(Bloomberg) -- The U.S. needs to make moving toward a trade pact with Japan an “extraordinary” priority.
That’s according to Gregg Doud, the chief agricultural negotiator for the Office of the U.S. Trade Representative.
Speaking at the U.S. Department of Agriculture’s annual outlook forum in Arlington, Virginia, Doud emphasized the importance of talks with Japan at time when rival commodity suppliers have already inked accords.
While Canada, Australia and the European Union have all recently secured new or adjusted trade deals with Japan, the U.S. has not. Farmers, agriculture lenders and industry analysts have all expressed concern that without a deal, the U.S. could lose its edge with a customer that regularly imports about $14 billion a year in American agriculture and farm-related products.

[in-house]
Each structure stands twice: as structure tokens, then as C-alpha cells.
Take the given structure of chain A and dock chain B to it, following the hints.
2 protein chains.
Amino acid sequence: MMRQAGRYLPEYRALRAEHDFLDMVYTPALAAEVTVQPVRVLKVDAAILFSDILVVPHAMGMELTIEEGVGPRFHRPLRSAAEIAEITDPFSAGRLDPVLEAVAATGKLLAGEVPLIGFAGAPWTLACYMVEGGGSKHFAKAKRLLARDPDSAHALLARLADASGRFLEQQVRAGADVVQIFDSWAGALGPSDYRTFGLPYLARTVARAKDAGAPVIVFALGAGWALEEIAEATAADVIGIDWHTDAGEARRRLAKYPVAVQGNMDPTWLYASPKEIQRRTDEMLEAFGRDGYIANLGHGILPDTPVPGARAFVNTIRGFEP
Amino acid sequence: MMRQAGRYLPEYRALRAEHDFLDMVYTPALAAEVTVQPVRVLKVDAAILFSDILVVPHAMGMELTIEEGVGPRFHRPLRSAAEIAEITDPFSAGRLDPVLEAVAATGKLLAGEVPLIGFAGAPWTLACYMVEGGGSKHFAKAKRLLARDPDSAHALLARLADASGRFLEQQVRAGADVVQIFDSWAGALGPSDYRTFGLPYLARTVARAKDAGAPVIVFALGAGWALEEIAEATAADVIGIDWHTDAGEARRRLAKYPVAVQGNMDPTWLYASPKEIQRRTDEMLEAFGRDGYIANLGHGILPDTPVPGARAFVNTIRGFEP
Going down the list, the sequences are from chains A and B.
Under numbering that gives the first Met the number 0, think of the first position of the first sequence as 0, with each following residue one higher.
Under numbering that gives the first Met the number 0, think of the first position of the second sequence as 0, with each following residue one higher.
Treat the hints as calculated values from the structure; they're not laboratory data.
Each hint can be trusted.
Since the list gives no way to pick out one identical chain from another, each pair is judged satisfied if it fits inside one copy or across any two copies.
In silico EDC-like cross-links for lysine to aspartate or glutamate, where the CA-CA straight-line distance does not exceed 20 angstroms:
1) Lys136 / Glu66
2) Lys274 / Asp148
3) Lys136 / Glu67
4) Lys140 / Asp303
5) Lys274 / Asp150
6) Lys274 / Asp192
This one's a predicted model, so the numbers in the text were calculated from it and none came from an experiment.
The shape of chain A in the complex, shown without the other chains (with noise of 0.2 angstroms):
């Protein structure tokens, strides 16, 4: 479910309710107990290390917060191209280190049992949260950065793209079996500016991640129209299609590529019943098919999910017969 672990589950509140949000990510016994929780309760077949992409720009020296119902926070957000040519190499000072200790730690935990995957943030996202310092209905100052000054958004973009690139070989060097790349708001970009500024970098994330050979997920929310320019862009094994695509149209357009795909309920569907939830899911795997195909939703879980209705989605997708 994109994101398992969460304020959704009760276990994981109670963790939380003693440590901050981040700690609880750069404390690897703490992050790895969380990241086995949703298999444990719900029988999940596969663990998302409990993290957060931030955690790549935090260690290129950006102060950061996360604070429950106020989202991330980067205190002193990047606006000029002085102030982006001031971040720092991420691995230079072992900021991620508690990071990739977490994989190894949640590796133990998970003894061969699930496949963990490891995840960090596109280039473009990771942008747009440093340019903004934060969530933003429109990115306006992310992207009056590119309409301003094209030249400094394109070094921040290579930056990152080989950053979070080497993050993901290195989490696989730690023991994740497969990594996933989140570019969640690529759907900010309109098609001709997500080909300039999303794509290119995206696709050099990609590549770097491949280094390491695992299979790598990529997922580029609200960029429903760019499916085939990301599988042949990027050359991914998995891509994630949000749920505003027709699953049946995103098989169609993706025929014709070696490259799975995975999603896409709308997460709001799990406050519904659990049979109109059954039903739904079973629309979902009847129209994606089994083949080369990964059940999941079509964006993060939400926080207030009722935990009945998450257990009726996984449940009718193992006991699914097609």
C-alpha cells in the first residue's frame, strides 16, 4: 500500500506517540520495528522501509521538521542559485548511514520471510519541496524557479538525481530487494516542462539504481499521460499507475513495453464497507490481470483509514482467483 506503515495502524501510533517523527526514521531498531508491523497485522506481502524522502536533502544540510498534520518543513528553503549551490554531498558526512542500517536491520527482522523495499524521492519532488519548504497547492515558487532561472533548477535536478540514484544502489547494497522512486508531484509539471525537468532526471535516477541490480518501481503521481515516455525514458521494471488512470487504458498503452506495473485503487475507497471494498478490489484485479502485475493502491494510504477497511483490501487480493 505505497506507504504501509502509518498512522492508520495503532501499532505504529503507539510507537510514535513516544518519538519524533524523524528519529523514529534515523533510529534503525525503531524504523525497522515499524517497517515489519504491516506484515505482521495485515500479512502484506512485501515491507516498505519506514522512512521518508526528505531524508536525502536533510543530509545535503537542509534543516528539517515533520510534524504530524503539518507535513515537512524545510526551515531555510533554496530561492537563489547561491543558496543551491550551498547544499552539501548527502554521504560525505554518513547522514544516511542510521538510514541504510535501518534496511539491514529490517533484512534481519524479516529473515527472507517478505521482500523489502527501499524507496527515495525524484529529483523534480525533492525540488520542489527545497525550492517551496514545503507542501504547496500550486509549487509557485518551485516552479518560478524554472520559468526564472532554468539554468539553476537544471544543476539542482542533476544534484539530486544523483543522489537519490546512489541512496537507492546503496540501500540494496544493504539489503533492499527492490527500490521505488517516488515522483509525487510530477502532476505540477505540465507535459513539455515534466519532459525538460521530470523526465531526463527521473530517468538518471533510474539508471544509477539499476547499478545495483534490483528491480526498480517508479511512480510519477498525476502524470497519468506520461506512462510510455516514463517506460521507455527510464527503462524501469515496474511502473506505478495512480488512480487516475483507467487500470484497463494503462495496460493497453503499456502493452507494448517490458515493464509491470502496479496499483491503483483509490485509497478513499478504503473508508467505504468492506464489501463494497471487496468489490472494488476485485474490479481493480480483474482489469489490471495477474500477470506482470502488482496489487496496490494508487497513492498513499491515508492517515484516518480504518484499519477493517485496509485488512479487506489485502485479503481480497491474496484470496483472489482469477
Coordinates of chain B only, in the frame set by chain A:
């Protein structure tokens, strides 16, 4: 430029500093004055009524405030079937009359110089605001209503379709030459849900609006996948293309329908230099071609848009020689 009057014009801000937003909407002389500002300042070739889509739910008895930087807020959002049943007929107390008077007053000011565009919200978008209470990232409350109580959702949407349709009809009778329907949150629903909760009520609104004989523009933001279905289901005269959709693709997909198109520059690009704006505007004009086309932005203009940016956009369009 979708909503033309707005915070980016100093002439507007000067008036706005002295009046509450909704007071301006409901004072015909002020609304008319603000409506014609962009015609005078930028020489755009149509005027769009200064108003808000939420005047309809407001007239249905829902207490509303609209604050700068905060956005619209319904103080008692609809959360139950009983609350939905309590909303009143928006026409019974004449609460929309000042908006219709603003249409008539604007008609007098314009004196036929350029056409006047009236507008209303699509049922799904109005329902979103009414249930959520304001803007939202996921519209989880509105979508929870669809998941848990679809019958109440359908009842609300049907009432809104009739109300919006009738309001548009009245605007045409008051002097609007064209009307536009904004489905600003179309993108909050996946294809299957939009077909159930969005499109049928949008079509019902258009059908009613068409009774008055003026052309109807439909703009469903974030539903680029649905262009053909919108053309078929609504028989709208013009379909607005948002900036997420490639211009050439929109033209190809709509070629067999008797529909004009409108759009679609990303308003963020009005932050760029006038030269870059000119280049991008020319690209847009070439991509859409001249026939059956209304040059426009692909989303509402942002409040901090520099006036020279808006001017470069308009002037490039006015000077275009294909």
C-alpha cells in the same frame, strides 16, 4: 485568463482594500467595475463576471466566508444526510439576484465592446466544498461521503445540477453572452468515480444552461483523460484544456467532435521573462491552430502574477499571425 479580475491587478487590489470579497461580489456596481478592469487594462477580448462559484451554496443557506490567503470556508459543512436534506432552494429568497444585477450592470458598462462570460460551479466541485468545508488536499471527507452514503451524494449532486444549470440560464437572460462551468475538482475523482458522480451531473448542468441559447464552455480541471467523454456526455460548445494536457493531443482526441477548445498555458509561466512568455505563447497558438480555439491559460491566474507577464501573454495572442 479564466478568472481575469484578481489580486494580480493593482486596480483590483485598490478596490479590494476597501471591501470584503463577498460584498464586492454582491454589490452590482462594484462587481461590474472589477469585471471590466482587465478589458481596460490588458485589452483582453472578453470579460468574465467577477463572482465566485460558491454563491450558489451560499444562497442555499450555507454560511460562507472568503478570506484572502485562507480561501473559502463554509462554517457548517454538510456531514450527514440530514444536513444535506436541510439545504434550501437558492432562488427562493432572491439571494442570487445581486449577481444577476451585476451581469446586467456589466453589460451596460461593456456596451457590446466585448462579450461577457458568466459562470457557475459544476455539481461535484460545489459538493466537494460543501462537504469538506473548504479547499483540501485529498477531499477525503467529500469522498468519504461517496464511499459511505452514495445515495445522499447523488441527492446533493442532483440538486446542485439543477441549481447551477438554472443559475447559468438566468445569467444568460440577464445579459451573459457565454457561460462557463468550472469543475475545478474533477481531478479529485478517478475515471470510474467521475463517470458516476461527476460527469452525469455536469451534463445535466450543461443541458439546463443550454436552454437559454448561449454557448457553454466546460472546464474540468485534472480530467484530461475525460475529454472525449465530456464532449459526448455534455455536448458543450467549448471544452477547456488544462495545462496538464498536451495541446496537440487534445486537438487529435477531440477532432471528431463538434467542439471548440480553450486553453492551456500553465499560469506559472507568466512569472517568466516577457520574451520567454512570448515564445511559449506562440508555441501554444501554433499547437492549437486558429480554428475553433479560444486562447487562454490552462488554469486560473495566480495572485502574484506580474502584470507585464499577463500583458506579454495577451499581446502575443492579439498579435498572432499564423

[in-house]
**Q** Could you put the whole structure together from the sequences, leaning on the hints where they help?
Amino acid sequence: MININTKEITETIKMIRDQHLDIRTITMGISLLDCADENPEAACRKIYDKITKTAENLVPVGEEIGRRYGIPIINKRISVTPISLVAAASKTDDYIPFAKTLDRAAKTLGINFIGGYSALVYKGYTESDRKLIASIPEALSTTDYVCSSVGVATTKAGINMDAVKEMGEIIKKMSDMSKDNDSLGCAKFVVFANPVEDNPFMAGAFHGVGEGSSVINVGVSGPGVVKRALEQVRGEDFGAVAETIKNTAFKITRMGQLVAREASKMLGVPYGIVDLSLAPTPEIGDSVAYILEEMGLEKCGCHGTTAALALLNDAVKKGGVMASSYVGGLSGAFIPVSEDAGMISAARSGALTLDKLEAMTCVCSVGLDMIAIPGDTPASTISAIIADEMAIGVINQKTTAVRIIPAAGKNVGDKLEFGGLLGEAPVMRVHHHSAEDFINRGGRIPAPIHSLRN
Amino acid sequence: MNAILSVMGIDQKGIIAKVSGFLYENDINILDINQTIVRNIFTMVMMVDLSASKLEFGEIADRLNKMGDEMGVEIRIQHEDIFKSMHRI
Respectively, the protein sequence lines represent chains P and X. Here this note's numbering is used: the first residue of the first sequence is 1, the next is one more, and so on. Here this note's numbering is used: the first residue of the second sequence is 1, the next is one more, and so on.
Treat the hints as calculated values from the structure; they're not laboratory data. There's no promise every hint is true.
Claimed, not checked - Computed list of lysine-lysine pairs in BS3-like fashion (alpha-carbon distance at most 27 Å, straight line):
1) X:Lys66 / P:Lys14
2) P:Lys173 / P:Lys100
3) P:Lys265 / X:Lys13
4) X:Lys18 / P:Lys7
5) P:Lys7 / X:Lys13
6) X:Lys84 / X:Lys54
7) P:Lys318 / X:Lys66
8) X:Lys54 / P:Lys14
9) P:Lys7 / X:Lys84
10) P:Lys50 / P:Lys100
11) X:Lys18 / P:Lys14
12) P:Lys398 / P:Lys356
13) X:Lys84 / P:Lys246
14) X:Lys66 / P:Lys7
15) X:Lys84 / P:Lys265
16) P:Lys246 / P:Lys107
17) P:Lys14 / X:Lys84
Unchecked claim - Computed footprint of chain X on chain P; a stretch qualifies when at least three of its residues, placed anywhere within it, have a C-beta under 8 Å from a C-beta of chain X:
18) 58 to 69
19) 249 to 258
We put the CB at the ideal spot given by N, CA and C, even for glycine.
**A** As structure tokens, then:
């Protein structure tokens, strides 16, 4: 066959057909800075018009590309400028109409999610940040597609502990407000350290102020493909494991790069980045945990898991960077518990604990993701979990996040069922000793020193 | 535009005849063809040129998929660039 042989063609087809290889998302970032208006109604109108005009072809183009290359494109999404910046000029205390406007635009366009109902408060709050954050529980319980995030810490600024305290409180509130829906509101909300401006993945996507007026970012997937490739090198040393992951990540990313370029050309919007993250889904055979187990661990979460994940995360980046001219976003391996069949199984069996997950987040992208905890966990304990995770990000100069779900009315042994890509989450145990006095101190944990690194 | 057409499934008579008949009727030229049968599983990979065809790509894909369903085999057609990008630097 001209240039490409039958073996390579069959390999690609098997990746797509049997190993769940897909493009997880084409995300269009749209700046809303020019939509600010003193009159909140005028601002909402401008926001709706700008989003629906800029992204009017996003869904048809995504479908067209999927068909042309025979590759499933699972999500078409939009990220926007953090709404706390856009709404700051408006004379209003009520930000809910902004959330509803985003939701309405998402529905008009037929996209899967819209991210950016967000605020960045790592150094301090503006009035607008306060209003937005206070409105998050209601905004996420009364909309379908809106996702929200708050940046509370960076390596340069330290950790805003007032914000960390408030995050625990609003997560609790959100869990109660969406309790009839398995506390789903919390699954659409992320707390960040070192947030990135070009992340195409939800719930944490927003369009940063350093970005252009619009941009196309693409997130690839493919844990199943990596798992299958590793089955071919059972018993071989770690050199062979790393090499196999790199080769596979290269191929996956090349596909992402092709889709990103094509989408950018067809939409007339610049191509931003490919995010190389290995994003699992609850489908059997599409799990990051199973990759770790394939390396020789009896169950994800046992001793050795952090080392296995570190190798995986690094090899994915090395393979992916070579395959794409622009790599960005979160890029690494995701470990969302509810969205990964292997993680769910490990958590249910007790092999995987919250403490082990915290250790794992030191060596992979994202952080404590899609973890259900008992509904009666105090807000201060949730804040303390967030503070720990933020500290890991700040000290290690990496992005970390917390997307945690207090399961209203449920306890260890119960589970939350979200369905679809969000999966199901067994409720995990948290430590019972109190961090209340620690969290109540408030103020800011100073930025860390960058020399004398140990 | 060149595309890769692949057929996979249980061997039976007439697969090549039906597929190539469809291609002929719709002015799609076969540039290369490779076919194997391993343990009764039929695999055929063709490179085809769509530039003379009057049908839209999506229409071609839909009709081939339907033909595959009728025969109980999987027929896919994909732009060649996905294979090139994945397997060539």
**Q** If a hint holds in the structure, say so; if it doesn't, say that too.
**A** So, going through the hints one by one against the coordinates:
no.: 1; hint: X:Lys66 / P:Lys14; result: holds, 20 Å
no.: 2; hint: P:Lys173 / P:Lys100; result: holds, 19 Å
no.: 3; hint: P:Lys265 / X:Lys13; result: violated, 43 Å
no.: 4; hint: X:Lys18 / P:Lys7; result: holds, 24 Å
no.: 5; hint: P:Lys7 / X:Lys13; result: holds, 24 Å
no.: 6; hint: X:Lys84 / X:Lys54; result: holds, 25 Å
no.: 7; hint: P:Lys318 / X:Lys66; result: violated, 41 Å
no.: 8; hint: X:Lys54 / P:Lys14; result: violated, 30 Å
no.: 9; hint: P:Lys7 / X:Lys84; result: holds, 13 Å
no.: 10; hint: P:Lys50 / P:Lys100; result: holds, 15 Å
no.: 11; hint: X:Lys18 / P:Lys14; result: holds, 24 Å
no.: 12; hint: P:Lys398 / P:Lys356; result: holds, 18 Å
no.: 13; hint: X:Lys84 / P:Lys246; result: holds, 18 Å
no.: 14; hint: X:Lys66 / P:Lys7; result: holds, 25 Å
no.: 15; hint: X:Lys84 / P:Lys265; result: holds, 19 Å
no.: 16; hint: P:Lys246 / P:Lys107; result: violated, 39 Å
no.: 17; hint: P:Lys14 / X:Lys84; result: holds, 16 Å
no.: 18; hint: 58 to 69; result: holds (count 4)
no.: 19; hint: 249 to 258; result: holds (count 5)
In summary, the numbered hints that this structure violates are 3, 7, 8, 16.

“I can’t emphasize enough how critical it is to engage with Japan as quickly as we can,” Doud said.
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